Teams Recognized for Innovative Approach to Model-Based Design

NATICK, Mass. – July 24, 2012 – MathWorks today announced that teams from Ohio State University and University of Victoria have won the MathWorks Modeling Award as part of the EcoCAR 2 student competition. In addition, the Embry Riddle Aeronautical University team earned third place. The award recognizes the teams’ use of MATLAB and Simulink for Model-Based Design during the three-year competition to re-engineer a Chevrolet Malibu to improve its fuel economy and reduce emissions.

The team at Ohio State University employed Model-Based Design to build powertrain supervisory, engine and transmission controls from the ground up. They also designed an EcoSim simulator environment, which the team uses to perform trade-off studies, sophisticated optimizations and system validation automation.

“Where other groups might use existing controllers as black boxes to send override commands, the Ohio State team really pushed the design envelope. Their presenters could have easily been mistaken as seasoned veterans from the automotive industry,” said Paul Smith, director of consulting services at MathWorks and lead EcoCAR 2 mentor, MathWorks.

University of Victoria performed extensive custom physical modeling to develop fast running component models that can be integrated into HIL real-time simulations as part of their Model-Based Design workflow. “We are excited to see University of Victoria’s vehicle develop over the next two years. The team has done impressive research into both off-line and on-line control and drive cycle optimization to recognize actual and predicted driving patterns,” Smith noted.

Embry Riddle received recognition in third place for the team’s use of SimDriveline to develop fast and accurate system models that can be used for design tradeoff studies or real-time implementation. Their use of MATLAB and Simulink with Real-Time Workshop helped the team develop their vehicle fault detection, engine generator controls, and diesel emission controls.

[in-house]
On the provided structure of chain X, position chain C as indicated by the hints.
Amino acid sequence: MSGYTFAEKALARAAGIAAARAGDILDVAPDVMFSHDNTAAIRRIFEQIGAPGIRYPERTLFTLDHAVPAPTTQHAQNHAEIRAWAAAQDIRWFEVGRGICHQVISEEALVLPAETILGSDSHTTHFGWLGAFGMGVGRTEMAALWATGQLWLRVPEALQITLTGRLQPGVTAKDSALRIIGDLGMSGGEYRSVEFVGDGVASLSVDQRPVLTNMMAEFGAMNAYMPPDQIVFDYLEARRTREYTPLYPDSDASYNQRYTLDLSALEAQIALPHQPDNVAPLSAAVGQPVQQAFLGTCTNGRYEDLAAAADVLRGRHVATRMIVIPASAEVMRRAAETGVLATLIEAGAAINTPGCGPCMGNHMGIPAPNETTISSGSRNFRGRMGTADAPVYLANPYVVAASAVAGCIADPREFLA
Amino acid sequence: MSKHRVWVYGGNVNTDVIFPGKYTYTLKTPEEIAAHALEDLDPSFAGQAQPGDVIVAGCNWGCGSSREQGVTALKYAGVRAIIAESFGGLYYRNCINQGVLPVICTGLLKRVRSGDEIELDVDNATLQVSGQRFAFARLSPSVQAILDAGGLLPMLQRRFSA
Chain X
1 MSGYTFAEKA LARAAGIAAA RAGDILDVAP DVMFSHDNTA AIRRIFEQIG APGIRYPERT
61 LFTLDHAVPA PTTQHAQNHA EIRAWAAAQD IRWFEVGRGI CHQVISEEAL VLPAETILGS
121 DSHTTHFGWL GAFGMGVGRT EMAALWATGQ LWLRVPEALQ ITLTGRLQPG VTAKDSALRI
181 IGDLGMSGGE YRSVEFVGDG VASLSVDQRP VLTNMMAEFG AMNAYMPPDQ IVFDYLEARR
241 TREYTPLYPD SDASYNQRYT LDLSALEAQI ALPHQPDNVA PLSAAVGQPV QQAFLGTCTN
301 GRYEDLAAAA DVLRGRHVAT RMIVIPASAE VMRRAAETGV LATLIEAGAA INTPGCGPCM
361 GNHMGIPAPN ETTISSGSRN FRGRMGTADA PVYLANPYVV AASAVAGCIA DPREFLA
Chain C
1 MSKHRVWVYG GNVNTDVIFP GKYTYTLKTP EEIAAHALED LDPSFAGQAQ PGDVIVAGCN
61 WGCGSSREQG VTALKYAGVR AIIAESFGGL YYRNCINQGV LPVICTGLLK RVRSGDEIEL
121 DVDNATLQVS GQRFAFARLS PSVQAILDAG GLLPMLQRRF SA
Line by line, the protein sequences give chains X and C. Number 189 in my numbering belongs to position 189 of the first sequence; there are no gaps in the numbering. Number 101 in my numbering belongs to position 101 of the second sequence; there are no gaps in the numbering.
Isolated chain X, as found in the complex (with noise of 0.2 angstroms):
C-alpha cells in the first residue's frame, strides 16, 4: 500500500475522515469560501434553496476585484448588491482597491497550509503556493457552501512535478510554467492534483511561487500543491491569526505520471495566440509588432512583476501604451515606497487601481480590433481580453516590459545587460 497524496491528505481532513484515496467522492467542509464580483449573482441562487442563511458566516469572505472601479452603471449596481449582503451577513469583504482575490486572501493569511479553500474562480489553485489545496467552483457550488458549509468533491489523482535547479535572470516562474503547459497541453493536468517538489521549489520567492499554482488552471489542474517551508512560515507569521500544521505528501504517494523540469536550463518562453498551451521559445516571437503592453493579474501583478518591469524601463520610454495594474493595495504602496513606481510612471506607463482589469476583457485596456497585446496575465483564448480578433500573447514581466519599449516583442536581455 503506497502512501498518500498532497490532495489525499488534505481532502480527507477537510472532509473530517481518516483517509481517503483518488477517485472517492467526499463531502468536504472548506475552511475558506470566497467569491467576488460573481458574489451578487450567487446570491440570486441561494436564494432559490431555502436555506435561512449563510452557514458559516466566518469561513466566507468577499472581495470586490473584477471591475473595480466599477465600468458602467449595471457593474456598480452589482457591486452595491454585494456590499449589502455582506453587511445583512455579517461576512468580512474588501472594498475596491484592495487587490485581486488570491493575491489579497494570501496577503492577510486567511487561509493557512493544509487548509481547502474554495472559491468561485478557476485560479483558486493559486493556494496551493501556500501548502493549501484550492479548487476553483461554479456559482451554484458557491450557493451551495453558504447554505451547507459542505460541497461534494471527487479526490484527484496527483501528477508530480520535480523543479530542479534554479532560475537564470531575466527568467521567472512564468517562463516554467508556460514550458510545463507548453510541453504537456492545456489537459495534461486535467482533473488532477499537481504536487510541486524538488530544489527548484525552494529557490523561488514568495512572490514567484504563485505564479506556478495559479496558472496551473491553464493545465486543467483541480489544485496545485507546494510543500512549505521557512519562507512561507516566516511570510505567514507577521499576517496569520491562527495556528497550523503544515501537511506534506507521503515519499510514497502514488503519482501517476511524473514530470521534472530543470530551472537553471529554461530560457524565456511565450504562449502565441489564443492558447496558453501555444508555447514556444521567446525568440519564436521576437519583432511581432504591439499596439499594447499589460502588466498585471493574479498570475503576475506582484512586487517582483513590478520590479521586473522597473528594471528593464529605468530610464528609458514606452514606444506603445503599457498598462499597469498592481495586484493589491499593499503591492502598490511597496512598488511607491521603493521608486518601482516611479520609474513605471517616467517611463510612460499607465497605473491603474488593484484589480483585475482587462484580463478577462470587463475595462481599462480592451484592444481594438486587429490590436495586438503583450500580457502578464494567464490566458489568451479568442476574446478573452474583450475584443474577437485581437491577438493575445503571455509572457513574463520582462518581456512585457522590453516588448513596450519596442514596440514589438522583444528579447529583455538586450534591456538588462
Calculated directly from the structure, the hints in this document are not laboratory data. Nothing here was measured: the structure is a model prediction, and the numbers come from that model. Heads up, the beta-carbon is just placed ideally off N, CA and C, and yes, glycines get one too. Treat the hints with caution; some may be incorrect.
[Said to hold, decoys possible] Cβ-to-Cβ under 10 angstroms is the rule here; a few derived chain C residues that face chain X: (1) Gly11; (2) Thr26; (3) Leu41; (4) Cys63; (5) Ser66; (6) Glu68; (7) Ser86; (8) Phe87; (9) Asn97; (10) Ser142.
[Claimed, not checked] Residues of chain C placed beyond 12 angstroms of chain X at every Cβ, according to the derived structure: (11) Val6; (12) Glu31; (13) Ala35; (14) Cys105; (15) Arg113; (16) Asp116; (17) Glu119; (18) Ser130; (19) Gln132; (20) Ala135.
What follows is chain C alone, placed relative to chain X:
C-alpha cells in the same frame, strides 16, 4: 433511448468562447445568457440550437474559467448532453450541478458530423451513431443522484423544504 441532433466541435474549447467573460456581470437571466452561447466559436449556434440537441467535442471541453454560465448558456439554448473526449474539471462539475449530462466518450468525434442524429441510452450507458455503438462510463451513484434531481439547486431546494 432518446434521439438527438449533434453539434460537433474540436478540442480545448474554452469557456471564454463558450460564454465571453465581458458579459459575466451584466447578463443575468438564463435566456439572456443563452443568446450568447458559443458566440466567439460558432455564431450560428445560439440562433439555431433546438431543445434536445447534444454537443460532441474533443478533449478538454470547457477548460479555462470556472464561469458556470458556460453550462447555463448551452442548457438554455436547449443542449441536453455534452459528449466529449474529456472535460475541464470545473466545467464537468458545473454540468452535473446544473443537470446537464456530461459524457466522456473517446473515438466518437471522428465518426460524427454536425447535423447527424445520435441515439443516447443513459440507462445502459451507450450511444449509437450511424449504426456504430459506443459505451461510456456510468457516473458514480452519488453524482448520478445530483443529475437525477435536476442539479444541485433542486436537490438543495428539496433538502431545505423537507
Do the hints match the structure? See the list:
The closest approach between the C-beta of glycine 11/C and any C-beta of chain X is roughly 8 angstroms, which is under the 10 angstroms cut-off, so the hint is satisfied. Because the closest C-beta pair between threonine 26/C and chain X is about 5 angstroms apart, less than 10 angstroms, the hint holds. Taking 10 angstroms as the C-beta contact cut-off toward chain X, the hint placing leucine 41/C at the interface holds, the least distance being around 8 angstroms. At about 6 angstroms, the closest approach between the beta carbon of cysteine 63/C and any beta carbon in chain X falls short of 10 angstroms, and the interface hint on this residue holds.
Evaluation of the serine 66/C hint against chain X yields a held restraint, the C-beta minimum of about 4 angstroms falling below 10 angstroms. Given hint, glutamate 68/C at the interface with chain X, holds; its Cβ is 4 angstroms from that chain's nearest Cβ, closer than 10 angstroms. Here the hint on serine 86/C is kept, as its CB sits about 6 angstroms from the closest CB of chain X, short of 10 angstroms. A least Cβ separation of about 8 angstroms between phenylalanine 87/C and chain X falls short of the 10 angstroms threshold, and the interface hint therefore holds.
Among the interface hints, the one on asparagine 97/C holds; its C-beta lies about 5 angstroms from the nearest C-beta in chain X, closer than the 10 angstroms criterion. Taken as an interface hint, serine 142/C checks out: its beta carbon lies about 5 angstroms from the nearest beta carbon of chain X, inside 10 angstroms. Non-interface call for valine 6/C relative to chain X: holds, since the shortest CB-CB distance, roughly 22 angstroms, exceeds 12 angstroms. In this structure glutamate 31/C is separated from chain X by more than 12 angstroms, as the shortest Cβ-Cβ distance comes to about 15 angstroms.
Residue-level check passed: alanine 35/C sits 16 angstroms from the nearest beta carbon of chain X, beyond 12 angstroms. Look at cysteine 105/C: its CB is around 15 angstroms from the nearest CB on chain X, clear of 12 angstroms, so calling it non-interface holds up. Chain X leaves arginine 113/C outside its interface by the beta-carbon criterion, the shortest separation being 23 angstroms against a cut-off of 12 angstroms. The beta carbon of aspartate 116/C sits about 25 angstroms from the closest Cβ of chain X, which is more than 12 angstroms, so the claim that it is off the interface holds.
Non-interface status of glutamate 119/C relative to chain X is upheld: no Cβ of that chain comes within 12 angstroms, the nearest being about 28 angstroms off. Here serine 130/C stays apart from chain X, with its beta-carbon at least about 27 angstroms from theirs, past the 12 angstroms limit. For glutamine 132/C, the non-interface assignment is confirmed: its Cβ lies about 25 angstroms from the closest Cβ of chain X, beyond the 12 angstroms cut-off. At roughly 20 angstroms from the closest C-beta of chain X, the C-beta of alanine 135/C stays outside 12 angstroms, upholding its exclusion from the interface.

To be eligible for the award, teams must be active participants in the 2012 EcoCAR 2 Challenge, a three-year competition organized by the U.S. Department of Energy and General Motors. During the first year, the teams use Model-Based Design, an approach in which a virtual model is at the center of system development, from initial design and simulation through to testing and implementation. Winners of MathWorks Modeling Award are selected on the basis of their team’s innovative use of modeling and simulation, as demonstrated through a presentation and Q&A session, coinciding with the end of Year One of the challenge. See how several EcoCAR 2 teams, including the winners of the MathWorks Modeling Award, are using Model-Based Design in this series of videos.

About EcoCAR 2: Plugging In to the Future
EcoCAR 2: Plugging In to the Future is a three-year collegiate engineering program that builds on the successful 24-year history of Department of Energy advanced vehicle technology competitions by giving engineering students the chance to design and build advanced vehicles that demonstrate leading-edge, eco-friendly automotive technologies. General Motors provides each of the 15 competing teams with a 2013 Chevrolet Malibu, as well as vehicle components, seed money, technical mentoring and operational support. The U.S. Department of Energy and its research and development facility, Argonne National Laboratory, provide competition management, team evaluation and logistical support. Through this important public/private partnership, EcoCAR 2 provides invaluable experience and training to promising young minds entering the North American job market. EcoCAR 2 follows the widely acclaimed competition series EcoCAR: The NeXt Challenge.

About MathWorks
MathWorks is the leading developer of mathematical computing software. MATLAB, the language of technical computing, is a programming environment for algorithm development, data analysis, visualization, and numeric computation. Simulink is a graphical environment for simulation and Model-Based Design of multidomain dynamic and embedded systems. Engineers and scientists worldwide rely on these product families to accelerate the pace of discovery, innovation, and development in automotive, aerospace, electronics, financial services, biotech-pharmaceutical, and other industries. MathWorks products are also fundamental teaching and research tools in the world’s universities and learning institutions. Founded in 1984, MathWorks employs more than 2400 people in 15 countries, with headquarters in Natick, Massachusetts, USA. For additional information, visit

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